Showing results for 
Search instead for 
Did you mean: 

Re: rsync generates "Invalid argument (22)" when transferring certain files

Frequent Advisor

rsync generates "Invalid argument (22)" when transferring certain files

We have a HP-UX server that periodically updates a Linux server which acts like a virtual tape server. We transfer everything (except databases) and when it comes to _certain_ files, the following error occurs:
rsync: mknod "/rsync/Apr28/dev/root" failed: Invalid argument (22)
Here is a list of some of the files that cause the errors:

The error seems to occur on Block and Character special files. I searched the Internet and was able to find that error, but it was a bug in rsync where when it was transferring sockets, a function was called with too few parameters and caused this error. This may be a similar problem, but they are not occurring on sockets.

The rsync version on the HP-UX 11i is 3.0.6 (I even tried 3.0.7 from our test server and got the same thing) and 3.0.4 on the Linux box.

I can exclude these files, but I think this is a bug and may need fixing and I also don't want to have to maintain the exclusion list every time one of these files cause a problem. The way our synchronization works is that it does it silently and only reports when there are errors. In this situation, it always reports errors.

I am aware that HP does not maintain rsync, but I was hoping if anyone has come across this and what the solution was (patch?).
Valued Contributor

Re: rsync generates "Invalid argument (22)" when transferring certain files


Can you paste the exact syntax, which you have used while copying.

Frequent Advisor

Re: rsync generates "Invalid argument (22)" when transferring certain files

rsync -avz -stats --progress --delete-excluded --itemize-changes --numeric-ids -e/usr/bin/ssh --hard-links --link-dest=/rsync/Apr27 --exclude-from=/usr/rsync/config/backup.exc / backup:/rsync/Apr28

the backup.exc file contains directories which contain database files.
Honored Contributor

Re: rsync generates "Invalid argument (22)" when transferring certain files

Linux follows the traditional Unix practice of having the device node minor and major numbers be (unsigned) 8-bit values, while HP-UX has extended the minor number to 3 bytes (0xNNNNNN).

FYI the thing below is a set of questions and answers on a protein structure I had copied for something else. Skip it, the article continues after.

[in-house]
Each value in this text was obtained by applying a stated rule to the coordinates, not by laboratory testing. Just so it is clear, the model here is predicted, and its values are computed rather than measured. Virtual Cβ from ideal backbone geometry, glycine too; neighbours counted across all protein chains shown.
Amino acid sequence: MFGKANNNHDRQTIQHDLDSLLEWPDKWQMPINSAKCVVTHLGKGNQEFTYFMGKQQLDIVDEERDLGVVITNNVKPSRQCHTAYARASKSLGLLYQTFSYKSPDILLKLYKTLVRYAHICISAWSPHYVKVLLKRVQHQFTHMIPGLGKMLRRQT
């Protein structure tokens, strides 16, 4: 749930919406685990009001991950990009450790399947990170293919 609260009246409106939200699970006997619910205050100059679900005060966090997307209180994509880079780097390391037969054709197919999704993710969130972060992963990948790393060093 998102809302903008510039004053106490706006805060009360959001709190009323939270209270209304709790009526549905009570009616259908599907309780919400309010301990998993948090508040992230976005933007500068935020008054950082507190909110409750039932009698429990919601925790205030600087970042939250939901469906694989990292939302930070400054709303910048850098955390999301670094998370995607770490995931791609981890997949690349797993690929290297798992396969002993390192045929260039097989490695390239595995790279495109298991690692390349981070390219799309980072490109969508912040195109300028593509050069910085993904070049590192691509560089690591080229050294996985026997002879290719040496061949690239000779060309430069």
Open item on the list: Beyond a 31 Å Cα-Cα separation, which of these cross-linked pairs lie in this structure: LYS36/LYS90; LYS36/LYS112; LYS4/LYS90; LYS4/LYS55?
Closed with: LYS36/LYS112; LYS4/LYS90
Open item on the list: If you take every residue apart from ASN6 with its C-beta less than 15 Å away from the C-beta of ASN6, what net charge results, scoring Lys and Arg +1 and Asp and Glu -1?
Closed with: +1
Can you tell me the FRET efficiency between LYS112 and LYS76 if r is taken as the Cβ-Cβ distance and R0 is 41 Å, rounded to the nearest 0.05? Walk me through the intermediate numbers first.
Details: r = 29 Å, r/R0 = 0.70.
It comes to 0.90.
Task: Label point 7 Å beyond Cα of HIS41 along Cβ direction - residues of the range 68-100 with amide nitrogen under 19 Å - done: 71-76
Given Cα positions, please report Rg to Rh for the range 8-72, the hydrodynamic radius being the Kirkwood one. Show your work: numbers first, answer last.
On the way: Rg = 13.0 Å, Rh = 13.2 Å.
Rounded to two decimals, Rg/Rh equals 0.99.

Because of this, it will be impossible to reproduce at least some HP-UX device nodes in Linux at the filesystem level.

The rsync utility may be able to reproduce the devices with minor numbers between 0..255 (0x000000..0x0000ff). But larger values won't fit into Linux/x86 dev_t data type definition, so Linux mknod() system call cannot accept them.

(On 64-bit hardware architectures like Alpha and Itanium, Linux seems to use a bigger dev_t. But one of the selling points of x86_64 is the seamless compatibility with 32-bit x86 code, so the x86_64 apparently has the same restriction as its 32-bit precedessor.)

In general, copying device nodes from one OS to another is somewhat risky: as each OS interprets the minor & major numbers in its own way, a device node that is a harmless /dev/urandom with permissions 666 on its native architecture may be something completely different (and not so harmless) on another architecture. The name of the device node is just a human-comfort string with no meaning for the kernel: the minor & major numbers determine what the device node actually does.

If you want to keep using your scheme, you should use something like tar or pax to package the entire /dev directory hierarchy and backup the resulting file. Any changes in HP-UX /dev are usually accompanied by corresponding hardware configuration changes, so just restoring an old /dev backup without paying attention to hardware configuration might be unwise.

Frequent Advisor

Re: rsync generates "Invalid argument (22)" when transferring certain files

Thanks Matti, that makes total sense and explains why most block and character files were transfered properly.

The suggestion to tar the /dev directory then rsync the tar is a _great_ idea and I will implement that.

Thanks again for the prompt response.